Dodgers: If Matt Kemp Cannot be Moved They Should Just Use Him

ST LOUIS, MO - OCTOBER 07: Matt Kemp
ST LOUIS, MO - OCTOBER 07: Matt Kemp /

Matt Kemp is no stranger to the confines of Chavez Ravine. The first nine years of his career were spent playing for the Dodgers where he was a two-time All-Star, two time Gold Glove winner, two time Silver Slugger recipient, and runner-up in the MVP voting in 2011. And, after three years away from Los Angeles, Kemp finds himself on the Dodgers roster yet again and it may not be a bad thing if he just stayed there.

When Matt Kemp was acquired by the Dodgers, there was no intention to keep him. Andrew Friedman made it clear from the get-go that he wanted to trade or release Kemp and would even include a prospect or two to entice a team to take on the $40 million dollars that come with the 33-year-old left fielder. But, with no trade market developing, it may be in Friedman and the front office’s best interest to just hold onto Kemp and make him the seasoned veteran off the bench that now free agent, Chase Utley, once was.

There is no doubt that the ideal move is to get Kemp onto a new team. If the front office can pull off the miracle move then, by all means, do it. But, the reality is, any trade involving Kemp at this point would be incredibly difficult to pull off mainly because of the money he is still owed. Matt Kemp is currently sitting on a huge contract that he signed just after his MVP runner-up season. Over the next, and final, two years of that deal, he is owed $40 million that nobody, including the Dodgers, want to pay. Most of the time teams are looking to get “bang for the buck” and Kemp’s $40 million is as far from that as possible.

So, given the fact that a trade is unlikely and the need for a Chase Utley replacement still at large, Kemp actually seems like the perfect fit.

Put the money aside for a second. The Dodgers are under the luxury tax for the first time in years and that includes Kemp’s monstrosity of a contract. Matt Kemp is not a bad baseball player by any stretch of the imagination. Last year, he hit .276 with 19 home runs and 69 RBI’s. His atrocious WAR of -1.4 looks so bad not because of his offensive output but because of his defensive inability.

Kemp is not what he used to be in the field. The 33-year-old who was once a gold-glover is no longer running into walls robbing home runs like he so famously did when he played in Los Angeles. As a matter of fact, he has become more of a liability than anything as his defense has lead to runs for the opposition and injuries and DL time for Kemp.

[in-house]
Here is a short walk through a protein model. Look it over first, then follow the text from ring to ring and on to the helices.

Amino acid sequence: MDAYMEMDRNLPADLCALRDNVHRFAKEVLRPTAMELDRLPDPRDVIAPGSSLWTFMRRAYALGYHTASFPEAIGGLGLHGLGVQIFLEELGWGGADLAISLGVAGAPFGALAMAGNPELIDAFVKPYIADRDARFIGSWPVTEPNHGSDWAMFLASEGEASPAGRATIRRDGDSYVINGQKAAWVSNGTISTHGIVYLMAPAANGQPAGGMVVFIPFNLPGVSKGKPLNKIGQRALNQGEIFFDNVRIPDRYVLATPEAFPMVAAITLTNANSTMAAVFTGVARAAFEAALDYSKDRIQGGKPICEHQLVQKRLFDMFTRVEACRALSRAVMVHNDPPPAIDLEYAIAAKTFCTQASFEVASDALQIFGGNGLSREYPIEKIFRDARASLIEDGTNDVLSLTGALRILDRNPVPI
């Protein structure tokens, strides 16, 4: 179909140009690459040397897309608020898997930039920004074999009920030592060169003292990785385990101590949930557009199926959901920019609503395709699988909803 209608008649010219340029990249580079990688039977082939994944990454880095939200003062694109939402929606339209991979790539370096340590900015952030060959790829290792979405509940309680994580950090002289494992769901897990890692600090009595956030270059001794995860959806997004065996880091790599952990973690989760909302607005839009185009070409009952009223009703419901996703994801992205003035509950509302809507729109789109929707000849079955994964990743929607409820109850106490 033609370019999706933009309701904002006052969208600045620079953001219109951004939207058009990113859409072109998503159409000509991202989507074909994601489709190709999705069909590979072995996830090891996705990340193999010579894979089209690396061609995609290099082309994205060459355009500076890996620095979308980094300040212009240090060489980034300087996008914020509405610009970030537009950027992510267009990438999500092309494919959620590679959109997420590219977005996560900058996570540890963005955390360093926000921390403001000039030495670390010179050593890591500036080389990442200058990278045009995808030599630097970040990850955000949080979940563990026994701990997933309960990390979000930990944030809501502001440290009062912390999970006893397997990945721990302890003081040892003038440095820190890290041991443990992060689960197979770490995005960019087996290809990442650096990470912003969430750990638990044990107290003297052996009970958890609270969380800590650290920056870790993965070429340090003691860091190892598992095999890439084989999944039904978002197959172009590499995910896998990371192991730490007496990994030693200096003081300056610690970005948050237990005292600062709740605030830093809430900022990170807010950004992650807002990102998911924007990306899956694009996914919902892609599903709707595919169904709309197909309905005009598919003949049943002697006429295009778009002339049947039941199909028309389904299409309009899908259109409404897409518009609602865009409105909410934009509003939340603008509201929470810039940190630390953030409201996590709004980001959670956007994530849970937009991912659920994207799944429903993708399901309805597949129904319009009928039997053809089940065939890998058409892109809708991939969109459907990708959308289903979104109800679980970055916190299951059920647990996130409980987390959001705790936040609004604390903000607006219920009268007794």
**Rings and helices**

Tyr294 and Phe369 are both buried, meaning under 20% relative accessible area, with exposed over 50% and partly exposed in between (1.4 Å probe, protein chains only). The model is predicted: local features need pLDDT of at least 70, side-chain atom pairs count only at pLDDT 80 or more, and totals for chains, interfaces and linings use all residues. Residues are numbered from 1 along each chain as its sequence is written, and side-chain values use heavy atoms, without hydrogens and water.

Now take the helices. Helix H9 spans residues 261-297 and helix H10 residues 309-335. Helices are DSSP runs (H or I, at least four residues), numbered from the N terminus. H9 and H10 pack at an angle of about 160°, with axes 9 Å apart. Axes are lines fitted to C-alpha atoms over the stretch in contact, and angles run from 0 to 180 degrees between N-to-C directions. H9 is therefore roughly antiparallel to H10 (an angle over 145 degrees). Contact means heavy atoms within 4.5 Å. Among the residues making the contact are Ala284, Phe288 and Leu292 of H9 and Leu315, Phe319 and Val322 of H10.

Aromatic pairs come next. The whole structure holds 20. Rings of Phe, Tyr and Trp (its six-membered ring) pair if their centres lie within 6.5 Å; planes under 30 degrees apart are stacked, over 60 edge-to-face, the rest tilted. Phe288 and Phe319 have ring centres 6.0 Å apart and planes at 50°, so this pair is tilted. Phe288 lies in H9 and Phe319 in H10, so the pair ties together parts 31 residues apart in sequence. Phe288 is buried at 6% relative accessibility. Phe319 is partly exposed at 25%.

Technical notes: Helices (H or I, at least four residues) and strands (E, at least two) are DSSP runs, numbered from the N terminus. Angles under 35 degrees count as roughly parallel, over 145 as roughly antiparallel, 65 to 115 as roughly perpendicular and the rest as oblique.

All of those things, the good bat, and the bad defense are the recipe for a great bench presence. Picture someone who Dave Roberts could go to for a big at-bat or even to come in for a few innings of defense and probably get the job done. Kemp would almost definitely do a better job than Utley did last year with the bat and if he were to get the same amount of defensive reps as Utley did, he might not look so bad or be hurt as often.

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Something else to keep in mind here is Kemp plays left field a spot that is in a way, vacated for the Dodgers. With Ethier gone, Pederson’s abilities still up in the air, and Toles a huge question mark, the Dodgers may be able to take comfort from the fact the Kemp is able to fill in if needed.

The final thing that must be addressed is not a stat or an on-field skill, it is his attitude. Kemp has a pretty poor reputation for using his words just a little too much. He has said things like “Los Angeles is not a baseball town” and he has also made remarks about the guys he was teammates with. That, in no way shape or form, fills the hole Utley leaves. If Kemp is to stay in LA it would have to be with a new attitude. He would need to realize that he is not the superstar he once was and would need to learn to mentor the young and upcoming players currently on the roster.

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In the end, it would be a real shame to see the Dodgers just drop Kemp. They would be paying him the money he is owed upfront and would not even get to see him swing the bat. If there really is no market I really do believe that Kemp is a good fit for the Dodgers bench. If things really do not work out and the front office has given him a real shot, releasing him feels more acceptable. But, for me, Matt Kemp may just be a very expensive blessing in disguise.